Check out these two methods:

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Method #1 Capturing

If you want to train your puppy to sit, you will need to capture his attention. There are a few ways to do this, and they all involve either an object or a command. You can use his favorite toy, or you can use the command “sit.” 

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Here are the important training steps:

  1. Take a small handful of dog food or treats and place them in front of your puppy. Do this several times on various days over the next few weeks, and each time you will be adding another dog food or treat to what is in front of your puppy. 
  2. When the puppy sits, give him the treat and praise him.
  3. Once your puppy has been doing this for a while, try standing behind your puppy while holding all the food in your hand so that he can’t see it. As soon as he sits down, say “Yes!” and give him the food from your hand. 
  4. Then, start by moving to stand or sit behind him. He should turn his head to look at you as he does so.
  5. Once he starts to understand that he gets the food, not when he’s sitting but when you say the word, repeat the process with a small amount of food on the floor in front of your puppy.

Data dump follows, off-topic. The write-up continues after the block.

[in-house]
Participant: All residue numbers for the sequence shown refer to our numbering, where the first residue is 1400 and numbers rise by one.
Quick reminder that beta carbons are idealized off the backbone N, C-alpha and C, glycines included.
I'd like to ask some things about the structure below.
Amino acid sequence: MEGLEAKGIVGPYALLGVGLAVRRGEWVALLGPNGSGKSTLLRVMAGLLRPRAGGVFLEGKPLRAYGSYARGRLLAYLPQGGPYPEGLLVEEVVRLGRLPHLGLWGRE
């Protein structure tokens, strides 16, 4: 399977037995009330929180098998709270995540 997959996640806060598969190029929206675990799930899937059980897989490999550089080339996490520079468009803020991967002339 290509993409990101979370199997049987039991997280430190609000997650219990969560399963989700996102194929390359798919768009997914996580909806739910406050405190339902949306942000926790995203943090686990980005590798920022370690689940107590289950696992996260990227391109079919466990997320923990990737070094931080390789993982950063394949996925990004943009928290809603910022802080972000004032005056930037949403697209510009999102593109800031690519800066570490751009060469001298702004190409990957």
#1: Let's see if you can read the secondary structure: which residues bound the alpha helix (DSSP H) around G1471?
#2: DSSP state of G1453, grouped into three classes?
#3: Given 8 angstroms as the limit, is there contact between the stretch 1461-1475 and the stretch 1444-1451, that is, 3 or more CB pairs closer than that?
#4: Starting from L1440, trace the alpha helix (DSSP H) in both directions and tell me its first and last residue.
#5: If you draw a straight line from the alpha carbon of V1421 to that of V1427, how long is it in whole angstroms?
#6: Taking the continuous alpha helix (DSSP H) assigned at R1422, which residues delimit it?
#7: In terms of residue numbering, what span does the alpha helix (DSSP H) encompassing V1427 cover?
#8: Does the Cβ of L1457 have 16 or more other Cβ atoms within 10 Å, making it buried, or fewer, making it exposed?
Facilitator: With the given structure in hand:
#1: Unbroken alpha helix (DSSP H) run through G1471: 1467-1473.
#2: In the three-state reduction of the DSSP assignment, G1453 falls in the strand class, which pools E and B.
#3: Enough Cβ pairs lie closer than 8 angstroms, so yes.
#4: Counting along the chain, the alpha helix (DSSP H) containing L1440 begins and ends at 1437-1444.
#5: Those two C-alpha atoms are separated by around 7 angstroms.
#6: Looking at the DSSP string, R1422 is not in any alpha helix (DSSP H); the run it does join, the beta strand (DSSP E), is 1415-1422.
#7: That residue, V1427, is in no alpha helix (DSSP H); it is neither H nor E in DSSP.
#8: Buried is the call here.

6. Repeat this whenever you want the puppy to sit.

Whichever you choose, you are going to need to be consistent and patient. Remember, training a puppy to sit can take time, but regularity and consistency will pay off in the end.

Method #2 Luring

Luring your puppy to sit can be a great way to start the training process. You can also use a food treat, but luring is the best for teaching your puppy how to sit. 

  1. You will have to get your puppy to sit on his own. To do this, you will need to find a time when the puppy is not distracted, preferably when he is lying down. 
  2. Get down on your hands and knees in front of your puppy, holding a treat in front of his nose to lure him into place.
  3. When he is relatively still, you can walk over to him and call his name. 
  4. The puppy should respond, and when he does, lift his bottom-up, praise him and give a treat.